Earlier this week, legendary songwriter Leonard Cohen took on a dire tone ahead of the release of his new album, You Want It Dark. “I’ve got some work to do. Take care of business. I am ready to die,” the 82-year-old said in a New Yorker profile. “I hope it’s not too uncomfortable. That’s about it for me.” The indication was that You Want It Dark, Cohen’s 14th full-length, could be his last due to his age and health issues.
In a new Q&A following a listening party in Los Angeles on Thursday, however, Cohen backtracked on the doom and gloom. “Uh, I said I was ready to die recently,” he said according to Billboard. “And I think I was exaggerating. I’ve always been into self-dramatization. I intend to live forever.” He even said that he has plans for at least two more albums before his final days. “I hope we can do this again. I intend to stick around until 120.”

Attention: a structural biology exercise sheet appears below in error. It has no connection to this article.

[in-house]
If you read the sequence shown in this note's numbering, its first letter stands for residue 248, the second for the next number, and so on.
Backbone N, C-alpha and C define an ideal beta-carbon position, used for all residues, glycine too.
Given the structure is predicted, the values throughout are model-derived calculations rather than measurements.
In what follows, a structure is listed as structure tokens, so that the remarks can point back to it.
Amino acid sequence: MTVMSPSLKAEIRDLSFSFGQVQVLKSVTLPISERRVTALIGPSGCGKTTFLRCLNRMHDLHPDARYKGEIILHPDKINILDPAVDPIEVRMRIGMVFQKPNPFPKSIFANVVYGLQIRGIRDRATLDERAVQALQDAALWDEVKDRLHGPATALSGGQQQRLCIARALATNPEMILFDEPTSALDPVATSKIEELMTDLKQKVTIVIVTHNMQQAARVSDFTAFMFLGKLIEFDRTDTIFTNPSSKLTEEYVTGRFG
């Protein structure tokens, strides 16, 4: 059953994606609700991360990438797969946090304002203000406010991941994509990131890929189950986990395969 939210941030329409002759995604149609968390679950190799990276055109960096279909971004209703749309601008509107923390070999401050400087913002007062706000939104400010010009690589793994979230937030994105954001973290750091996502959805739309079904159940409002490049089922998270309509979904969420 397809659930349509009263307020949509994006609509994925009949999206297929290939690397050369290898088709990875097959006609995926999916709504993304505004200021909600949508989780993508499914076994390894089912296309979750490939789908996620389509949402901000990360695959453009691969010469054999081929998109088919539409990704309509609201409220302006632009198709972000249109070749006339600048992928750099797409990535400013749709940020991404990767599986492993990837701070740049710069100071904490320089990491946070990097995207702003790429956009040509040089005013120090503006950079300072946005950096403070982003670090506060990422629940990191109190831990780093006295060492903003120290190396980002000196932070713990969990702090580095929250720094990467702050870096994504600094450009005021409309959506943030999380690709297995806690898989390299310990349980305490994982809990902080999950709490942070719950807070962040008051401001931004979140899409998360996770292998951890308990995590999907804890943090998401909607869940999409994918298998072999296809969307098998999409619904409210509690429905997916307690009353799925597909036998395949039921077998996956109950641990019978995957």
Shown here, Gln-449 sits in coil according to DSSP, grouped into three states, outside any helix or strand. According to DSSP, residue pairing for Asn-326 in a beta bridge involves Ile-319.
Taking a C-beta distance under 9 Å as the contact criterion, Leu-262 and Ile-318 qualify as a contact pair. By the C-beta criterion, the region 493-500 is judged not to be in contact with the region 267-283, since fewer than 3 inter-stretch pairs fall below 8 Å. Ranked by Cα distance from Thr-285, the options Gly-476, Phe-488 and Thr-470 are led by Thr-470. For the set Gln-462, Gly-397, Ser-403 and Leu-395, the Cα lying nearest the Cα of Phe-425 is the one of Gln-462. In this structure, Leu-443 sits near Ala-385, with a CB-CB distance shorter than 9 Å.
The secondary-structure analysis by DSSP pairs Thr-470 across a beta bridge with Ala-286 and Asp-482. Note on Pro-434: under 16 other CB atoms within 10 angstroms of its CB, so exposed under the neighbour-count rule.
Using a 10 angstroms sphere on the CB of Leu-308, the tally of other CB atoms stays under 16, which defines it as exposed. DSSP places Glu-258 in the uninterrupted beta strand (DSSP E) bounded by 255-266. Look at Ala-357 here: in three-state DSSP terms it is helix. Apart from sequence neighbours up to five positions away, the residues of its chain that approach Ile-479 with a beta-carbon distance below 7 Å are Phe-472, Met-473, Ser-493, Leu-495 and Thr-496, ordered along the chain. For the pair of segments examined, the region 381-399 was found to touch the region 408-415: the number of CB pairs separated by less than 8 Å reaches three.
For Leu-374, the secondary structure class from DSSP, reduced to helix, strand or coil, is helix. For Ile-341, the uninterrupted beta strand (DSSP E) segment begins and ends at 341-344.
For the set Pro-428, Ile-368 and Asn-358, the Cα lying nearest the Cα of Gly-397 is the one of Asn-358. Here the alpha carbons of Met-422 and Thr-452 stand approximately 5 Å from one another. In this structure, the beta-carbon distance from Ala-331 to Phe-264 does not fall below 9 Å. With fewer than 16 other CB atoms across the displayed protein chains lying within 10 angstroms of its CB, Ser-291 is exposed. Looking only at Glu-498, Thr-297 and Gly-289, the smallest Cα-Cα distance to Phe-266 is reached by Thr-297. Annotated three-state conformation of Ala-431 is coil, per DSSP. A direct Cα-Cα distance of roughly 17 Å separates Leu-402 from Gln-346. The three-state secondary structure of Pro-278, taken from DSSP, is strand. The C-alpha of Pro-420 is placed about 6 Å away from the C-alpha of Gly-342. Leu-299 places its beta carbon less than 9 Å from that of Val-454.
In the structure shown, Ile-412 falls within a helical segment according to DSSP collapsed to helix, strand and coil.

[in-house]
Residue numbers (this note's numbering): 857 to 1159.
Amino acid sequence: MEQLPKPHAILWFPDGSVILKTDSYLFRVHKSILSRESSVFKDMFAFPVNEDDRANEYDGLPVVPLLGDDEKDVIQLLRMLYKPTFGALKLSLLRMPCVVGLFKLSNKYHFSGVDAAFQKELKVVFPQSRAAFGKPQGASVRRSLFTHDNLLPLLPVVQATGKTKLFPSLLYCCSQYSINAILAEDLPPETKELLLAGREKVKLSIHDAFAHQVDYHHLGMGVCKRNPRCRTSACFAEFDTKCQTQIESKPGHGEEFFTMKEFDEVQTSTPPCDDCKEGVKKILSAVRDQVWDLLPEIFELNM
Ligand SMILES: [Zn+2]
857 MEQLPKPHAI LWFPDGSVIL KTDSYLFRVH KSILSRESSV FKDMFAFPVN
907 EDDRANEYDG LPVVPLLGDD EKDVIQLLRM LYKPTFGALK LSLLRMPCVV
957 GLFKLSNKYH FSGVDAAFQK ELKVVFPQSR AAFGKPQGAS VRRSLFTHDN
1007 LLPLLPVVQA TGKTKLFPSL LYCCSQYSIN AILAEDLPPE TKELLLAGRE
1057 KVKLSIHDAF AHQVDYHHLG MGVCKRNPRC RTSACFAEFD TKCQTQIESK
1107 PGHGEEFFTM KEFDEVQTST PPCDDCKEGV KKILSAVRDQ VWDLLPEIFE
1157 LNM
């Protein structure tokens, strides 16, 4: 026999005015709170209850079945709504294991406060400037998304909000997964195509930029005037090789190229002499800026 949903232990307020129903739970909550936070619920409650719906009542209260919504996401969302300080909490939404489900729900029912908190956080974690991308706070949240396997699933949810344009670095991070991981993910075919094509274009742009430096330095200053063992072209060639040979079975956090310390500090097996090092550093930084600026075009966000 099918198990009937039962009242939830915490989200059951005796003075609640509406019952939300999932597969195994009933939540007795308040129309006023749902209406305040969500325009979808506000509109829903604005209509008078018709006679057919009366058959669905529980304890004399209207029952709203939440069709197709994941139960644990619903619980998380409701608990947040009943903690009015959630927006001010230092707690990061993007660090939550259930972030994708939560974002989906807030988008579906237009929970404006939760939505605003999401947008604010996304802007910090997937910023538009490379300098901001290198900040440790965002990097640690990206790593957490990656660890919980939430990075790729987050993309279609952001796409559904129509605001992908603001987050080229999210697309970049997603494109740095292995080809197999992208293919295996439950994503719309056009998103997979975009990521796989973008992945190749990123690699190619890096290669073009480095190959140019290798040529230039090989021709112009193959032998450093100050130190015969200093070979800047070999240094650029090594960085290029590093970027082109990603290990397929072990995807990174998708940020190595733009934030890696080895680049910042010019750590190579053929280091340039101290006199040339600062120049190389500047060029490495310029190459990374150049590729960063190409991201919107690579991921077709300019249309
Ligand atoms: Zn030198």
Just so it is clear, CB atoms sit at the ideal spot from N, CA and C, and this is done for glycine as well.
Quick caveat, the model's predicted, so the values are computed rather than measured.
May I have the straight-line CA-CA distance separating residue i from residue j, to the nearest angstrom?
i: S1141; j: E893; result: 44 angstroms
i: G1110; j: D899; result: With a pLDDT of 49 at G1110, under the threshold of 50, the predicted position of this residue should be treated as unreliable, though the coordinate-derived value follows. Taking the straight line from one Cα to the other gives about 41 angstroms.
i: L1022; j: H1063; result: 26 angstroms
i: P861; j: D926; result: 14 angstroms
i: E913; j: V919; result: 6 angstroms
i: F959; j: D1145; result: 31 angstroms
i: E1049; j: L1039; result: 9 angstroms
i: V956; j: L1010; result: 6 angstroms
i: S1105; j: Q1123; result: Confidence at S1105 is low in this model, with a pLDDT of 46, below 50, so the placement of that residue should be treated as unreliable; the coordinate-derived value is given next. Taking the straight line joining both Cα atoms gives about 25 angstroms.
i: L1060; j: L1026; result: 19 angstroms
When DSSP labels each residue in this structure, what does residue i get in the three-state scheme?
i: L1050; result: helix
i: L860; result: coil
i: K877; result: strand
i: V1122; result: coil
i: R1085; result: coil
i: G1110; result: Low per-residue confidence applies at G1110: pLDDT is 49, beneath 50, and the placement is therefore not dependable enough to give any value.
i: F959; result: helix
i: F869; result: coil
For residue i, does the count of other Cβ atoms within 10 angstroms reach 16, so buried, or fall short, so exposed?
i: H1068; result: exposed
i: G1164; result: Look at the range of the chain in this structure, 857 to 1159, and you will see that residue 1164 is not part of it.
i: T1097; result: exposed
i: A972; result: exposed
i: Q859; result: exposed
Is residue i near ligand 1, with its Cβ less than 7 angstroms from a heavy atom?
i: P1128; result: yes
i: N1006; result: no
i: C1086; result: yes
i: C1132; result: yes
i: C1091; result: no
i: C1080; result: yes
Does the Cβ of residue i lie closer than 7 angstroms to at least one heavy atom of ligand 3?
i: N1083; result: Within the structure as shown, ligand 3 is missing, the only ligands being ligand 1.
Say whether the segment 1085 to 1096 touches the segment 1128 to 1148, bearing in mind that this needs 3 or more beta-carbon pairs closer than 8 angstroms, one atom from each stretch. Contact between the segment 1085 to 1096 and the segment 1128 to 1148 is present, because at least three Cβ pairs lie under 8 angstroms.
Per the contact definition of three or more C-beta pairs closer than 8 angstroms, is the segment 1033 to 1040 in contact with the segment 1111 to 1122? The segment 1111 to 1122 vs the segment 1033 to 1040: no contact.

It’s impossible to fault an 82-year-old man for starting to think about his own mortality, but it’s good to know he hasn’t given up yet and is still planning for big things in the future. Even if he only lives until 118, of course, Cohen’s music will leave him immortal.
Elsewhere in the discussion, Cohen touched upon Bob Dylan’s Nobel Prize win. When asked about Dylan’s gracious remarks about Cohen in that New Yorker profile, Cohen deflected the question and laid his own compliment on The Bard. “But I will comment on his receiving the Nobel Prize, which to me is like pinning a medal on Mount Everest for being the highest mountain.”